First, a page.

to bring into order again; gather and organize or inspire anew: The general rallied his scattered army.
to draw or call (persons) together for a common action or effort: He rallied his friends to help him.
to concentrate or revive, as one's strength, spirits, etc.: They rallied their energies for the counterattack.
to come together for common action or effort: The disunited party rallied in time for the election campaign.
to come together or into order again: The captain ordered his small force to rally at the next stream.
to come to the assistance of a person, party, or cause (often followed by to or around): to rally around a political candidate.
to recover partially from illness: He spent a bad night but began to rally by morning.
to find renewed strength or vigor: The runner seemed to be rallying for a final sprint.
(of securities) to rise sharply in price after a drop.
(of the persons forming a stock market) to begin to trade with increased activity after a slow period.
(in tennis, badminton, etc.) to engage in a rally.
to participate in a long-distance automobile race.
Baseball. (of a team) to score one or more runs in one inning.
a recovery from dispersion or disorder, as of troops.
a renewal or recovery of strength, activity, etc.
a partial recovery of strength during illness.
a drawing or coming together of persons, as for common action, as in a mass meeting: A political rally that brought together hundreds of the faithful.
a get-together of hobbyists or other like-minded enthusiasts, primarily to meet and socialize.
Finance. a sharp rise in price or active trading after a declining market.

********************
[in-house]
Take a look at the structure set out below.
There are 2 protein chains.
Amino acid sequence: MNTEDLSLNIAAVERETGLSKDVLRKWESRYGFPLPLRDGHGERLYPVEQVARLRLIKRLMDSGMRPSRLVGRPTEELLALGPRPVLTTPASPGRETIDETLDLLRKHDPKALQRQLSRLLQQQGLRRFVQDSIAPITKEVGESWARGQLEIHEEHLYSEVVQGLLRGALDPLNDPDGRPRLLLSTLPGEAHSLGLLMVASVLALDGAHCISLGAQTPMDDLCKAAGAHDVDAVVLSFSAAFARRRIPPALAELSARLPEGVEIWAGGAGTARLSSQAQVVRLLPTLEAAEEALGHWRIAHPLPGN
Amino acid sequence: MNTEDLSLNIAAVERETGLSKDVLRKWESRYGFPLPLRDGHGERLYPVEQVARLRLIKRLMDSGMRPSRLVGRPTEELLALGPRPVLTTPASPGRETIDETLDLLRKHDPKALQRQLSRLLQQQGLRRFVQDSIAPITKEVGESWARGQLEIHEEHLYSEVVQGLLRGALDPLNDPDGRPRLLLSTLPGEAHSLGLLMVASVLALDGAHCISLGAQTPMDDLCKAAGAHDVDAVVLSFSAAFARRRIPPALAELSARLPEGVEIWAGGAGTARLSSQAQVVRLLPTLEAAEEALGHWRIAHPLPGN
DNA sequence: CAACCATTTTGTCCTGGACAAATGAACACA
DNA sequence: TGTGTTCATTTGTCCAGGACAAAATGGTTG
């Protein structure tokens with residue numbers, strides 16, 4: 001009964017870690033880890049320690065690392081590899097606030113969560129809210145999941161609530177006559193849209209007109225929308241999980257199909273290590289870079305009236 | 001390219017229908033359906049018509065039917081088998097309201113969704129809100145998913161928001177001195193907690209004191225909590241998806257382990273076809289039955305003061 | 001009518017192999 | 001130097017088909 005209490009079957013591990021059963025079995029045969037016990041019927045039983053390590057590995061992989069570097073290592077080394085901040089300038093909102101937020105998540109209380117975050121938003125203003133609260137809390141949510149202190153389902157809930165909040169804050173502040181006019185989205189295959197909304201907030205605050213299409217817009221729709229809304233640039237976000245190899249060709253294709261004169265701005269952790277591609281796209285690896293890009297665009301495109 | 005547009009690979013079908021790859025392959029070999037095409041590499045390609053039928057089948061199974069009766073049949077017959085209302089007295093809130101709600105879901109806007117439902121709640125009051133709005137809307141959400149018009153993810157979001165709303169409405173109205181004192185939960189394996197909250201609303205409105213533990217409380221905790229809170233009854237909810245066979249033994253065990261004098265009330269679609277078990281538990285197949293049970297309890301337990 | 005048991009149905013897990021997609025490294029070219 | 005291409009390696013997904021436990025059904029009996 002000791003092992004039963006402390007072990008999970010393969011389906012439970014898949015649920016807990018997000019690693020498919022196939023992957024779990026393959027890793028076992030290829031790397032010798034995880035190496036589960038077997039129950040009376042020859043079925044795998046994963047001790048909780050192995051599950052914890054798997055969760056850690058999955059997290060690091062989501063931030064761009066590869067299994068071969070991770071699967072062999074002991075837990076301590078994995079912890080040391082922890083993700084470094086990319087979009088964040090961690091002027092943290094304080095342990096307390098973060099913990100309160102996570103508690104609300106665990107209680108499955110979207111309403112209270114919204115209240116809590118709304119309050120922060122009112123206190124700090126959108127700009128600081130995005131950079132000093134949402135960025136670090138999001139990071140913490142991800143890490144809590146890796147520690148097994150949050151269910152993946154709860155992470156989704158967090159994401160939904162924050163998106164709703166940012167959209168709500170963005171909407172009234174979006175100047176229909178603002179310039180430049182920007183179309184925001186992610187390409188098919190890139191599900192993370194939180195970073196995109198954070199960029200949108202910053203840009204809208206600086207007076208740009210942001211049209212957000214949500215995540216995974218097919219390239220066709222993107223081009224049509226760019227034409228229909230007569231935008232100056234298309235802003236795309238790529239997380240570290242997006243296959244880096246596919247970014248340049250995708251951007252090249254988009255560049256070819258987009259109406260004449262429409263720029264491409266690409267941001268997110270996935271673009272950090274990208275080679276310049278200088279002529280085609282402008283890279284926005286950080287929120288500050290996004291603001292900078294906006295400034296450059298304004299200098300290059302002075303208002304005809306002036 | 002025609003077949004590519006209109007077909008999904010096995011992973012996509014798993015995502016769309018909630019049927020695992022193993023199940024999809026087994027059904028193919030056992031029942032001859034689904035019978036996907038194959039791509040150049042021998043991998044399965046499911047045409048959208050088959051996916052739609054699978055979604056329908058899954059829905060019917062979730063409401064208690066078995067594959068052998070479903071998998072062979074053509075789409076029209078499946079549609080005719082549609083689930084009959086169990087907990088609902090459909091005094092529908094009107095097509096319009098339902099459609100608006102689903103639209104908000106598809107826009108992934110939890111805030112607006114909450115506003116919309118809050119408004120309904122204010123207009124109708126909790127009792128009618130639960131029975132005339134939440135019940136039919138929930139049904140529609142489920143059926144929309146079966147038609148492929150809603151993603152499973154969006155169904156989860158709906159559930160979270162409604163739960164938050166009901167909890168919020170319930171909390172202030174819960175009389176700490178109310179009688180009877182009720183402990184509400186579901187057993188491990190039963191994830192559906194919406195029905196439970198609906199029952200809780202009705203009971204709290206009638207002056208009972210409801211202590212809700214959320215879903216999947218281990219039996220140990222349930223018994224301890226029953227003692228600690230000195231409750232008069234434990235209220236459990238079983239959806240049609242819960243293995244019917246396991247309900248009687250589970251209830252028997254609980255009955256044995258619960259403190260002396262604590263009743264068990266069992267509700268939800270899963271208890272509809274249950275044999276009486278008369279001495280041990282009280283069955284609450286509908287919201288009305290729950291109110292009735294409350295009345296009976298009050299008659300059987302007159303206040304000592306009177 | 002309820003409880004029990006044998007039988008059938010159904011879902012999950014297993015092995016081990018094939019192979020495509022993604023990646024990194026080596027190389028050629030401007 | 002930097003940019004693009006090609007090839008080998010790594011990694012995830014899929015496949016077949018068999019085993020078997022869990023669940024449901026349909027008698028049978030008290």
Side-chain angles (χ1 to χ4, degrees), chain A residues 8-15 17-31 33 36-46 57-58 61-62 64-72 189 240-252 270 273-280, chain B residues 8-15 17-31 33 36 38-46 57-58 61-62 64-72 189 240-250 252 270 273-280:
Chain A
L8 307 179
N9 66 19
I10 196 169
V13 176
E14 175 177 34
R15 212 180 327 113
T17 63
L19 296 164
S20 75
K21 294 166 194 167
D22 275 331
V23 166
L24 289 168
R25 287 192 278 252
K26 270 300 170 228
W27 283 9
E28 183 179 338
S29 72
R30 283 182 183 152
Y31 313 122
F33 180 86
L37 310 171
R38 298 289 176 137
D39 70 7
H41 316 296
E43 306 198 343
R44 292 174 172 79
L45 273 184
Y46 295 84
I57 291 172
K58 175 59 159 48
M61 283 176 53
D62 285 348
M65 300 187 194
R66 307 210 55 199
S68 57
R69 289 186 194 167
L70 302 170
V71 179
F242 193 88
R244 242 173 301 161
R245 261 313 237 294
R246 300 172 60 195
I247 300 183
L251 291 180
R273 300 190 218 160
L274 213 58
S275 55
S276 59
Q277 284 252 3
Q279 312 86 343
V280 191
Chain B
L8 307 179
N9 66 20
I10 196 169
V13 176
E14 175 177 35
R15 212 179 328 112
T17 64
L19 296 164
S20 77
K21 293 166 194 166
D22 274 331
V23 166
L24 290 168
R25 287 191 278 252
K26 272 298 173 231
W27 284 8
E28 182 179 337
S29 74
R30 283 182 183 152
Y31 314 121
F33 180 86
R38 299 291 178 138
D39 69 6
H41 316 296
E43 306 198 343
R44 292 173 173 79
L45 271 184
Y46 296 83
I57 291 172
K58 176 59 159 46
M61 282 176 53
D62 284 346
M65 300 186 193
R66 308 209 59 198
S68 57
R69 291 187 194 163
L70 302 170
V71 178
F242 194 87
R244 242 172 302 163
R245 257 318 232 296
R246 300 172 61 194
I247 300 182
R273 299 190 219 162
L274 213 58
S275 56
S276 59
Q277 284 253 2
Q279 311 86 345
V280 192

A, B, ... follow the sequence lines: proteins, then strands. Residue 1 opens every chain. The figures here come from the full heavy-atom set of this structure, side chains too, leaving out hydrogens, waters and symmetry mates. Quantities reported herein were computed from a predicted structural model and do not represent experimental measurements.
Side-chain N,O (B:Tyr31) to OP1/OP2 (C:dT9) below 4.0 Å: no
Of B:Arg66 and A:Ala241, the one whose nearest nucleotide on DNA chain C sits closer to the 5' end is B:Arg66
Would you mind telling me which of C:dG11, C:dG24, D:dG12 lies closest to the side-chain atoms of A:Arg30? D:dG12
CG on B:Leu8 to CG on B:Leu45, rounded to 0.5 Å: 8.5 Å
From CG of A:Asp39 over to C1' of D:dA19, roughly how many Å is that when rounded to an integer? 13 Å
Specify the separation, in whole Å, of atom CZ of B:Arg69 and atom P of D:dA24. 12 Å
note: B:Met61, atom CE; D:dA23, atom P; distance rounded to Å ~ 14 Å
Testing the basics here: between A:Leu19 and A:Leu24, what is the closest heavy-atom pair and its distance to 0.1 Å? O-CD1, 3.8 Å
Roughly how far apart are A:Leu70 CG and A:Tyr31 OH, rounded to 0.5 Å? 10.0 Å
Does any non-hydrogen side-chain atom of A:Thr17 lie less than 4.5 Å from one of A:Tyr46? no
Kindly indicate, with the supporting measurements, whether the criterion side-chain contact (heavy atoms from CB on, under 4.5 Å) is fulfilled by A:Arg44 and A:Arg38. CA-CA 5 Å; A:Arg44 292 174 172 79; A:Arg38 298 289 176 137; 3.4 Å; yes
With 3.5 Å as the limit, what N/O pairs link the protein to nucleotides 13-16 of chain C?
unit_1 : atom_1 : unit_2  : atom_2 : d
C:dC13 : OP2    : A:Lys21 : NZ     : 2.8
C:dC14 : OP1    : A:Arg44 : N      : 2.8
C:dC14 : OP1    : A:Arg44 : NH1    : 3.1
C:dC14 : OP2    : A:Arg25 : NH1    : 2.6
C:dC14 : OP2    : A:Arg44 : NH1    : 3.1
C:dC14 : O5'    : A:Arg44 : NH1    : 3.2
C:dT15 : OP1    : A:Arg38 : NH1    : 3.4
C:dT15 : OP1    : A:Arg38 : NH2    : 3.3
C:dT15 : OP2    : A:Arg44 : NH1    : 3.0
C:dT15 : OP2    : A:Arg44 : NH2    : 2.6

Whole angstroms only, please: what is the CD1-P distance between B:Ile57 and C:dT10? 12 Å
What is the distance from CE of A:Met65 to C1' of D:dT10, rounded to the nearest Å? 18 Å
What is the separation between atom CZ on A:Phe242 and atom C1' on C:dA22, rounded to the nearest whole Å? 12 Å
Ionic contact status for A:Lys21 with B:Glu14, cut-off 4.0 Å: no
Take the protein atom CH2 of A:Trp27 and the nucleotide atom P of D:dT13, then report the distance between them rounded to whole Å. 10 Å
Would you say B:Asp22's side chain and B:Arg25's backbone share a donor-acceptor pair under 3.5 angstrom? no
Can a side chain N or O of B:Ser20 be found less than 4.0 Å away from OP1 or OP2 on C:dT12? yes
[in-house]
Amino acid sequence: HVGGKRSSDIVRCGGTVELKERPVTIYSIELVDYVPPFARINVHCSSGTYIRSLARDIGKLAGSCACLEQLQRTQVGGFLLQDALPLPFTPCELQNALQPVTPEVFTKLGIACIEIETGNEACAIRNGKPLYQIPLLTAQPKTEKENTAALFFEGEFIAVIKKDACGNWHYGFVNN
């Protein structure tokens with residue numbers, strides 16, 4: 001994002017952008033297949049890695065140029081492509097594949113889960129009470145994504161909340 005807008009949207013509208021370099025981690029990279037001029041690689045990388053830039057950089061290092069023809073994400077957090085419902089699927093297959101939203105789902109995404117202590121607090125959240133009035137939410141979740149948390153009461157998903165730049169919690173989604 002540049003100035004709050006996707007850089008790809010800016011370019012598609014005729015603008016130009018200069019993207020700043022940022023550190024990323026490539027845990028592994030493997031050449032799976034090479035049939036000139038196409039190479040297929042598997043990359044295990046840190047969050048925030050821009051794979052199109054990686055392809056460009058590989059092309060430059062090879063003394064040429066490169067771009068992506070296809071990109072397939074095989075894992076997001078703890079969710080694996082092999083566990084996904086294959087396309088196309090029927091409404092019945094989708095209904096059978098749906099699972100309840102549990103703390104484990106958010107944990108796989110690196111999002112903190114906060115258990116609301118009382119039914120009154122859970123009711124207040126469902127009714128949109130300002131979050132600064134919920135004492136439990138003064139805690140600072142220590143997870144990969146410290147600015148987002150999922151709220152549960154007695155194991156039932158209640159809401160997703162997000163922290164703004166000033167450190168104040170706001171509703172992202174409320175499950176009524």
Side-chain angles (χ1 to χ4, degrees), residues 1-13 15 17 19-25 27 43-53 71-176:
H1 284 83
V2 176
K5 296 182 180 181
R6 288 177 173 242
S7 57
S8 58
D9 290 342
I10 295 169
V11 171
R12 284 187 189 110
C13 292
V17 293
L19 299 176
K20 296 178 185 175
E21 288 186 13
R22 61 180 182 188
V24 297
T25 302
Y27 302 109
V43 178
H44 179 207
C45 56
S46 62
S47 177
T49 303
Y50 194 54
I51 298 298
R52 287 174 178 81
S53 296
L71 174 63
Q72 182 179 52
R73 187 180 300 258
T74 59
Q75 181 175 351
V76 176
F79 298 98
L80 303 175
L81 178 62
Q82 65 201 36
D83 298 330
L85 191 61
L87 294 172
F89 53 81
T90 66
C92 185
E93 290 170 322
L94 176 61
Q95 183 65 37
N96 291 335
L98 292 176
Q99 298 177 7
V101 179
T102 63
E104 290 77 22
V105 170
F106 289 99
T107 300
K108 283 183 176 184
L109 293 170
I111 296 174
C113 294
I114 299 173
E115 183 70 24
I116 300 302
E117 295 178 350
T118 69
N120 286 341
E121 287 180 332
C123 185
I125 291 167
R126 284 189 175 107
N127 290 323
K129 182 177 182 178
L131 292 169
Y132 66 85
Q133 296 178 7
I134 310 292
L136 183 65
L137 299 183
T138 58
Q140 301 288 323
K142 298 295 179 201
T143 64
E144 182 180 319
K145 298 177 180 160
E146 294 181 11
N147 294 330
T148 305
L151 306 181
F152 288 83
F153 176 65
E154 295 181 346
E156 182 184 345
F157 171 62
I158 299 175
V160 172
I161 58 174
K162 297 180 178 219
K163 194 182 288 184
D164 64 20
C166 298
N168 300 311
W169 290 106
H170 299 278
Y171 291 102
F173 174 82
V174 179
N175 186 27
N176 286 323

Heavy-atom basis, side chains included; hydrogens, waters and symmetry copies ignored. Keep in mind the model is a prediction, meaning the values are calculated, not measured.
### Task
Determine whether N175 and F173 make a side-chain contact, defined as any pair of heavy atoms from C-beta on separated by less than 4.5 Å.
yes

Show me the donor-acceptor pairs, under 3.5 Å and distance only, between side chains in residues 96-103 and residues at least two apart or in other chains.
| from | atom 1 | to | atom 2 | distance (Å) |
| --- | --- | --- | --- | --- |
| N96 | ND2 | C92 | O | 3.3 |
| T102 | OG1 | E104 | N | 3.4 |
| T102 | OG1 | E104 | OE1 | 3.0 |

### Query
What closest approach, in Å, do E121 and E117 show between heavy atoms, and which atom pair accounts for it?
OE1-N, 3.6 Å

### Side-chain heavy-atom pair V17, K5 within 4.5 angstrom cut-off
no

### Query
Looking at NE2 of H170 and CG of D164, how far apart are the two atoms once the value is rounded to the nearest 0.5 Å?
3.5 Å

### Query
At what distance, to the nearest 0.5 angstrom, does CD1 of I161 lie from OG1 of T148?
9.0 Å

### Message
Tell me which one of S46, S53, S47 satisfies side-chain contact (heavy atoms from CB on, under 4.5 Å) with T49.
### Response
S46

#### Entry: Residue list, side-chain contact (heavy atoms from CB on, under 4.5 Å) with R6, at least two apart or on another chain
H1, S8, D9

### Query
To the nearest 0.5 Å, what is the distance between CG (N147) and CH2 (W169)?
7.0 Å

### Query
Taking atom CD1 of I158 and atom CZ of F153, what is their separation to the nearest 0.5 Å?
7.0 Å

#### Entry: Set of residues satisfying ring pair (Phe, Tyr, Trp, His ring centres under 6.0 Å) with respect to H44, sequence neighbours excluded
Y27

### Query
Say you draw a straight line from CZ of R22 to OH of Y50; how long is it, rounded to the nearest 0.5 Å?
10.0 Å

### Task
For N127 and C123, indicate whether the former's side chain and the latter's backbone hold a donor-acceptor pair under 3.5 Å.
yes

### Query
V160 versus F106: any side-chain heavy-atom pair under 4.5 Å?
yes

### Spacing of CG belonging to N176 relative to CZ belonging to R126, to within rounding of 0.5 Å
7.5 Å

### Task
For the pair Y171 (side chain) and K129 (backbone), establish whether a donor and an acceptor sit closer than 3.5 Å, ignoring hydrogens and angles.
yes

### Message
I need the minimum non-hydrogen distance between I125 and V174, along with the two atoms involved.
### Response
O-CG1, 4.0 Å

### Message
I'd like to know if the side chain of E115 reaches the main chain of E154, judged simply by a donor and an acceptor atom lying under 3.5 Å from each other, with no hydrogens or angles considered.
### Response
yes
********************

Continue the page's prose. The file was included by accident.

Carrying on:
(in tennis, badminton, etc.)
an exchange of strokes between players before a point is scored.
the hitting of the ball back and forth prior to the start of a match.
Boxing. an exchange of blows.
Baseball. the scoring of one or more runs in one inning.
British Theater. a quickening of pace for heightening the dramatic effect in a scene or act.
Shipbuilding. a series of blows with battering rams, made in order to drive wedges under a hull to raise it prior to launching.
Also rallye . a long-distance automobile race, especially for sports cars, held over public roads unfamiliar to the drivers, with numerous checkpoints along the route.
- ral·li·er, noun
Other definitions for rally (2 of 2)
Rare. to ridicule in a good-natured way; banter.
Dictionary.com Unabridged Based on the Random House Unabridged Dictionary, © Random House, Inc. 2023
British Dictionary definitions for rally (1 of 2)
to bring (a group, unit, etc) into order, as after dispersal, or (of such a group) to reform and come to order: the troops rallied for a final assault
(when intr , foll by to) to organize (supporters, etc) for a common cause or (of such people) to come together for a purpose
to summon up (one's strength, spirits, etc) or (of a person's health, strength, or spirits) to revive or recover
(intr) stock exchange to increase sharply after a decline: steels rallied after a bad day
(intr) tennis squash badminton to engage in a rally
a large gathering of people for a common purpose, esp for some political cause: the Nuremberg Rallies
a marked recovery of strength or spirits, as during illness
a return to order after dispersal or rout, as of troops, etc
stock exchange a sharp increase in price or trading activity after a decline
tennis squash badminton an exchange of several shots before one player wins the point
a type of motoring competition over public and closed roads
- rallier, noun
British Dictionary definitions for rally (2 of 2)
to mock or ridicule (someone) in a good-natured way; chaff; tease
Collins English Dictionary - Complete & Unabridged 2012 Digital Edition © William Collins Sons & Co. Ltd. 1979, 1986 © HarperCollins Publishers 1998, 2000, 2003, 2005, 2006, 2007, 2009, 2012